There is no sign of a slowdown in Britain's red-hot housing market, Halifax bank said yesterday as it reported another surge in prices last month.
The admission will fuel fears of a property crash and came as independent analysts warned that prices could fall as much as 16 per cent unless the Bank of England raises interests rates to puncture the bubble.
The UK's largest mortgage lender said the price of the average home rose 1.8 per cent in April to take the annual rate to 19.1 per cent, the fastest pace since last August.
The rise will add to the weight of evidence pointing to a hike in interest rates today when the Bank's Monetary Policy Committee finishes its two-day meeting. The average price rose £2,975 on the month, equivalent to £93 a day. If this rate of increase continued over a year, the gain would be £33,540 - well above the £28,065 that the average British worker makes in salary per year.
There was further evidence of the strength of the market yesterday from a separate survey showing activity in the private housebuilding sector rose strongly in April.
But Halifax insisted there would not be a repeat of the property crash of the early 1990s, pointing to the strength of the economy, historically low interest rates and the huge build-up in household wealth over the last few years.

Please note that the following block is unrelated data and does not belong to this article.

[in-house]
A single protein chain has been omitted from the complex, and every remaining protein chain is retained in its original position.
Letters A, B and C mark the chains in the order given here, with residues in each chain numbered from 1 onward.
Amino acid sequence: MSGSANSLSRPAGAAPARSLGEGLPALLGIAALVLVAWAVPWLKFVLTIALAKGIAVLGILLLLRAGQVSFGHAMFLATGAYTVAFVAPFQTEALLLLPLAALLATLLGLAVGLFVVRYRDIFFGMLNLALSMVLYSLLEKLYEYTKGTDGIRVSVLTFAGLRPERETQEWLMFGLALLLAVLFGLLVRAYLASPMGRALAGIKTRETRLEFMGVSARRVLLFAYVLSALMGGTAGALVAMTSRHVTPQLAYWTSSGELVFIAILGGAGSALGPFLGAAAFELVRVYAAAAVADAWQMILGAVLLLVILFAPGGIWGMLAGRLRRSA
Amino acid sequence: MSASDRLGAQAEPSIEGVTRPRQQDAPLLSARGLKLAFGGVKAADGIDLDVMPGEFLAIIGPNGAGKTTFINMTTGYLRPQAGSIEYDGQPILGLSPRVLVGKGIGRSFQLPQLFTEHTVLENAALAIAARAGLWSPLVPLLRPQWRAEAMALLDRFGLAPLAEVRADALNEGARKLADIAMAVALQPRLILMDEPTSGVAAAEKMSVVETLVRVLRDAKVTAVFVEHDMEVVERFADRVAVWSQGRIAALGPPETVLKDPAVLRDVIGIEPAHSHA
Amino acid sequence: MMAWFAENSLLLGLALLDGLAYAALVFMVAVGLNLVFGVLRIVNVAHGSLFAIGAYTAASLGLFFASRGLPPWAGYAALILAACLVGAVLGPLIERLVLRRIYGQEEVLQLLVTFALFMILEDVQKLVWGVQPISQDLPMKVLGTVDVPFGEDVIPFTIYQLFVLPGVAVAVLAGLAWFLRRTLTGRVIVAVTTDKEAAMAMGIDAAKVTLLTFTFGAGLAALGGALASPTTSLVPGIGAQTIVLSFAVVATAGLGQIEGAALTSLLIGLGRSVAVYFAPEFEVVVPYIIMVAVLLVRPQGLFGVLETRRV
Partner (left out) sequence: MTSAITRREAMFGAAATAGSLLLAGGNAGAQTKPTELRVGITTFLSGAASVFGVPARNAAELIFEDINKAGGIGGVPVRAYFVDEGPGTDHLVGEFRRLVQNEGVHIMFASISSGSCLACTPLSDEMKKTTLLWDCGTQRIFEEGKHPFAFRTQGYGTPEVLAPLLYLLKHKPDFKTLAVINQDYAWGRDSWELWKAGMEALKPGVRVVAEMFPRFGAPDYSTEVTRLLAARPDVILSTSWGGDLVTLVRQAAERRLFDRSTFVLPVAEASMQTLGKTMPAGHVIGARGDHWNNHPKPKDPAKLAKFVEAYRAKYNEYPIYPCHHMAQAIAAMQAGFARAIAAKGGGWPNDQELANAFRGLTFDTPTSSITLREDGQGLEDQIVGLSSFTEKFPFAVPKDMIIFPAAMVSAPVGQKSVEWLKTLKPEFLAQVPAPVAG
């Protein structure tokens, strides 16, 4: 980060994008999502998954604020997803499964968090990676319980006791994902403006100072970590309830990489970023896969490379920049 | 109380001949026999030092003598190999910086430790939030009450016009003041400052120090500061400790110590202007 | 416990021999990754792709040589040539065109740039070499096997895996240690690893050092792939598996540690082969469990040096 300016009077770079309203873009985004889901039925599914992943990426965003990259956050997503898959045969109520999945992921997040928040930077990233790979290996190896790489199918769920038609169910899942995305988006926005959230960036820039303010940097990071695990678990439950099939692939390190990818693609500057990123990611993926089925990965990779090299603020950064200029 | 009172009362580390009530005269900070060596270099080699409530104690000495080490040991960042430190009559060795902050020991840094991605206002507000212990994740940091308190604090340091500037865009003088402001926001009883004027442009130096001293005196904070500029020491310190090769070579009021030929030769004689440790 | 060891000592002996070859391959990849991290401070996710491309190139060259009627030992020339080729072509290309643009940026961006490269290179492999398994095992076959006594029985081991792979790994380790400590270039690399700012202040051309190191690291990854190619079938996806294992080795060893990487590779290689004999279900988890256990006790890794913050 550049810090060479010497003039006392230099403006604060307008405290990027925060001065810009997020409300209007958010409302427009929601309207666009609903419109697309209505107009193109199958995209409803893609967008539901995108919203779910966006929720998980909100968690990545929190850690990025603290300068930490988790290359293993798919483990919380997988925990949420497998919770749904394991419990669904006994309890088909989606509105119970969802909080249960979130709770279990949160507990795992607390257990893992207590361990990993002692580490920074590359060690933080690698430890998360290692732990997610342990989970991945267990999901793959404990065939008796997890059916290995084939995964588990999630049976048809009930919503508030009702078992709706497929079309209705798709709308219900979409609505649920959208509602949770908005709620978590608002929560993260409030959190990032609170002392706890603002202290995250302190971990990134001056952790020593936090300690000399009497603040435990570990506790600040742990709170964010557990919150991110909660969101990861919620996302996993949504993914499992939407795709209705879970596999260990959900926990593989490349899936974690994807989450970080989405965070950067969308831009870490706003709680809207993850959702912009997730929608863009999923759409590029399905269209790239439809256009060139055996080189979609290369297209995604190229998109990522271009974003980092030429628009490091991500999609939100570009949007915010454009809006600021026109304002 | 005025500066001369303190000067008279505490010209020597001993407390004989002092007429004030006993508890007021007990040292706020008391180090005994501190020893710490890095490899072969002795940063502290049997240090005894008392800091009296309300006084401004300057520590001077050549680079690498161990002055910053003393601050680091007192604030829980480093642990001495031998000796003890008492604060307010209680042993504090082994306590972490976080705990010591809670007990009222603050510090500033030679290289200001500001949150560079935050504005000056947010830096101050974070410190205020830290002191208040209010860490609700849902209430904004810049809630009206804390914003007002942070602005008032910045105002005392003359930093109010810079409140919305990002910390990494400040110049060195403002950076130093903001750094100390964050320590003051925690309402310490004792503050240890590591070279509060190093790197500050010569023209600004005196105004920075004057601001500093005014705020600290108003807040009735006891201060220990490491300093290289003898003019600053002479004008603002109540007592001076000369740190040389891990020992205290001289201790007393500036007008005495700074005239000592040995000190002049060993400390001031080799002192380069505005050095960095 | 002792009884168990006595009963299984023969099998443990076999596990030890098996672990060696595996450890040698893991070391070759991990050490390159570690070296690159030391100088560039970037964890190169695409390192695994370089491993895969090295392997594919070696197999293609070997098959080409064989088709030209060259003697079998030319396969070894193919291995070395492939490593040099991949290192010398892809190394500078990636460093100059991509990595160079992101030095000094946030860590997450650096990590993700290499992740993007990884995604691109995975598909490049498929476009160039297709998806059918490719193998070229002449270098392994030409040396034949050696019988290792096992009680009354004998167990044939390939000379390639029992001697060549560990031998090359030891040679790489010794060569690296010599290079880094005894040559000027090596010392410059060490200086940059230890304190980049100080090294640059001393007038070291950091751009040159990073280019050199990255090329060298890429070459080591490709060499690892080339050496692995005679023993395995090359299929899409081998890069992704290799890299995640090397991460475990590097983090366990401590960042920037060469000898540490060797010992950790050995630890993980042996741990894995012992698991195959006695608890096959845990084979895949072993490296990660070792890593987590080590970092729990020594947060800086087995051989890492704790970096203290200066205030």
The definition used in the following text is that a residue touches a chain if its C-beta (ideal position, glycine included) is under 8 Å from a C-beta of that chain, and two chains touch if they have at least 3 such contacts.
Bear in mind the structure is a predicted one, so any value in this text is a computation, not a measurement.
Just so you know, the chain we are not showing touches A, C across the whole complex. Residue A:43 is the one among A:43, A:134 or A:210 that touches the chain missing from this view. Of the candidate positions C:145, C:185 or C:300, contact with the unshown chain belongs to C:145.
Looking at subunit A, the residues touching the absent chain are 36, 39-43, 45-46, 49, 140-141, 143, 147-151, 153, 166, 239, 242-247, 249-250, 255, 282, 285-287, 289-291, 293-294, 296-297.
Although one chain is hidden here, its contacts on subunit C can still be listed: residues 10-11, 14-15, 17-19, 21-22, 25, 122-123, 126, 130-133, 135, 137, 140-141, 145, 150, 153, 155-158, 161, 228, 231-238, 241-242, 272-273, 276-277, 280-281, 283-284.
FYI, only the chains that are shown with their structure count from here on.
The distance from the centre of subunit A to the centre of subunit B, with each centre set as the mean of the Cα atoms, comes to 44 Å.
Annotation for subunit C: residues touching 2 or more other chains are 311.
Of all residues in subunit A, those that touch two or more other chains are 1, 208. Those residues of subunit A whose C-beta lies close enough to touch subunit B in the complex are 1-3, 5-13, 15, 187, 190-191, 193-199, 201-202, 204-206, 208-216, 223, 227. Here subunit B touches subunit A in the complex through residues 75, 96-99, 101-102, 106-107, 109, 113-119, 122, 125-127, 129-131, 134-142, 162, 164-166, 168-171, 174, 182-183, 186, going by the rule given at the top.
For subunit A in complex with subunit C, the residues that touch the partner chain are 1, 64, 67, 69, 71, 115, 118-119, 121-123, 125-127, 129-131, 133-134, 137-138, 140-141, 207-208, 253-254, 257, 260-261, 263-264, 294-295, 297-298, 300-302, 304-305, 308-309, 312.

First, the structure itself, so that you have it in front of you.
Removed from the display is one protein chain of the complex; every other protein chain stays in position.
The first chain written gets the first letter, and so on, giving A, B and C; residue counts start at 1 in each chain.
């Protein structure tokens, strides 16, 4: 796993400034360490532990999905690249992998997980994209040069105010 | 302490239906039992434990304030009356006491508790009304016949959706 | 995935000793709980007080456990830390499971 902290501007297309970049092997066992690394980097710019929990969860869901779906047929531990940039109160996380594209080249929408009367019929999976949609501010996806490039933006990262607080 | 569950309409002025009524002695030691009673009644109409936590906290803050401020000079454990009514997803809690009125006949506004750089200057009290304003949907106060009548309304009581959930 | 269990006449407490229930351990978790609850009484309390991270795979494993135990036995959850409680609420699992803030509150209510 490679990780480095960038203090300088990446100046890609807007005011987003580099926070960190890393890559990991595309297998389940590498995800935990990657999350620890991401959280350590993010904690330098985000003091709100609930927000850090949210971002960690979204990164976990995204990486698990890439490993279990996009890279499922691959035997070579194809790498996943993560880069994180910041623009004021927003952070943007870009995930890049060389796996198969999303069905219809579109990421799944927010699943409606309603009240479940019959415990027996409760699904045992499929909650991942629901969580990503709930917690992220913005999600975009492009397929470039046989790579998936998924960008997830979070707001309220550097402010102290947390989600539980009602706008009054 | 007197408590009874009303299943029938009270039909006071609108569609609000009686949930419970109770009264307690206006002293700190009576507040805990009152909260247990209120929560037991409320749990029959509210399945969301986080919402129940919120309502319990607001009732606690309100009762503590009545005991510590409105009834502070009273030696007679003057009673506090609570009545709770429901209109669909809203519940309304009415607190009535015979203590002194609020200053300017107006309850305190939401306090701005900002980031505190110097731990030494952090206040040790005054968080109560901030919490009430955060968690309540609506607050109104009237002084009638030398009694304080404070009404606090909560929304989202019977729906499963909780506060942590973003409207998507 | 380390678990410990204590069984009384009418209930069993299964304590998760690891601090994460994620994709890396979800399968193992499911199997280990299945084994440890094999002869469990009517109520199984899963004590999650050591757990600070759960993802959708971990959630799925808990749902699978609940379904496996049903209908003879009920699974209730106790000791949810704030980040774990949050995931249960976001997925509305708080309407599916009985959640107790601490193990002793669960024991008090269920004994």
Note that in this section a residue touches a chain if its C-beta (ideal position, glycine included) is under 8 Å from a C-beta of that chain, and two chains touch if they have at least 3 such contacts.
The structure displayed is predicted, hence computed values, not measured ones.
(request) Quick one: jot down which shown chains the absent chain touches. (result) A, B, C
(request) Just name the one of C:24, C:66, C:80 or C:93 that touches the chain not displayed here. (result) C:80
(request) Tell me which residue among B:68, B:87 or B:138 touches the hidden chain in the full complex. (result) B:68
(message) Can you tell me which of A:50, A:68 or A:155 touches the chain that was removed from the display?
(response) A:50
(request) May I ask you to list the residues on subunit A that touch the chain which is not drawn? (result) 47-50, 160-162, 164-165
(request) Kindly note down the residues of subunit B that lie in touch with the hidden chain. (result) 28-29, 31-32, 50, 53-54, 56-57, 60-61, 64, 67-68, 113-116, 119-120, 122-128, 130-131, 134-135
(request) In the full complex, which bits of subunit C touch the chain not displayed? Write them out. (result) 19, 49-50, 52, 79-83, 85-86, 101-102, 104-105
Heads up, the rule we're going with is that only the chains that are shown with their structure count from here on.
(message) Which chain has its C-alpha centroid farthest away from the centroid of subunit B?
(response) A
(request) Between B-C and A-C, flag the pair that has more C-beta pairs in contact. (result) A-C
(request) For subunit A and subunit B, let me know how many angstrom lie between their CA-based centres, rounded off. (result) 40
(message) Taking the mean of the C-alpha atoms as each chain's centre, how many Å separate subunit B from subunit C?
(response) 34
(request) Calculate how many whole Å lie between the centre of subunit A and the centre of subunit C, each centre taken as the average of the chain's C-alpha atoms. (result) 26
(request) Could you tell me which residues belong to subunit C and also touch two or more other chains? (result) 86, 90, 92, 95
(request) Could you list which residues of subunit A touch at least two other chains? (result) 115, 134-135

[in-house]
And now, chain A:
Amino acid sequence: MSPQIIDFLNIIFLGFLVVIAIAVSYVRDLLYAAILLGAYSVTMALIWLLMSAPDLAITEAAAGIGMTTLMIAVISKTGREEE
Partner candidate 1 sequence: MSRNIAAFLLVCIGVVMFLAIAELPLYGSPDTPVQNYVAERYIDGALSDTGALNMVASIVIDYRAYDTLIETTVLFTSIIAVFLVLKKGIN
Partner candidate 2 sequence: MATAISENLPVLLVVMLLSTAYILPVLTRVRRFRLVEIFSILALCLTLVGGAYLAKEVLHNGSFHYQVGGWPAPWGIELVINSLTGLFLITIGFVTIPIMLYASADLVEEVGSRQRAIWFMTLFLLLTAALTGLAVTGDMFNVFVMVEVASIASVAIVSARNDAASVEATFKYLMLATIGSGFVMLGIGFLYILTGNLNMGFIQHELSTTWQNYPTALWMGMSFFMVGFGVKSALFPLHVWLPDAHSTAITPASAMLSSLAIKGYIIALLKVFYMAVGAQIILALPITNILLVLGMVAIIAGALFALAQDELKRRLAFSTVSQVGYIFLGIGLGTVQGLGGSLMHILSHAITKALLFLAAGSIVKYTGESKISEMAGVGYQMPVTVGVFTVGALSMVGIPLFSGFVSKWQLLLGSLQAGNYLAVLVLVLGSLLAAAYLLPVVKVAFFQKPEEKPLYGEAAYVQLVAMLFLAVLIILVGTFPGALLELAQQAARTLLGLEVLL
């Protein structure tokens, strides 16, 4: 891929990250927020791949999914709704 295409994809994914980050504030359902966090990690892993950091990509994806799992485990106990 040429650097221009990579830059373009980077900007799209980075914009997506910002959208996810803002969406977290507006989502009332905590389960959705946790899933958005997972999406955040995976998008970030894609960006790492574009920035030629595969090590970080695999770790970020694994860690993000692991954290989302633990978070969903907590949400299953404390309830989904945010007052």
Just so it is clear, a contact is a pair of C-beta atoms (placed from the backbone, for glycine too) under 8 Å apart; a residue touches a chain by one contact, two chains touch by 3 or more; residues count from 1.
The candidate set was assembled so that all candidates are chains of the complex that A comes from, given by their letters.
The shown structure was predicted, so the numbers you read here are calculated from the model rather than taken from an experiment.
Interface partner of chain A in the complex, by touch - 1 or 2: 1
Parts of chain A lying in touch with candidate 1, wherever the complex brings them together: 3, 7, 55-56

"The market remains underpinned by sound fundamental factors with high levels of employment, low interest rates and low levels of debt servicing costs driving high housing demand," said Martin Ellis, its chief economist. "The fundamentals will remain supportive during the remainder of 2004 with little prospect of either a turnaround in the labour market or a sharp rise in interest rates."
He said a combination of today's expected rise in interest rates and the growing shortage of first-time buyers would result in a "gradual easing" in house price inflation during the second half of the year.
Research by Halifax showed the ratio of the value of private sector housing assets to debt - at more than threefold - was higher than either five or 10 years ago. The bank also said that, despite record levels of debt, the costs of servicing the debt were manageable, echoing recent comments from the Chancellor, Gordon Brown.
The Institute of Directors agreed yesterday, saying the housing market was "more likely to go hiss than pop in 2005".
But Fathom, a consultancy set up by some former City economists, said house prices were overvalued and could fall by 16 per cent over the next four years. It said the Bank should act pre-emptively by raising rates to minimise the size of the eventual crash.Reuse content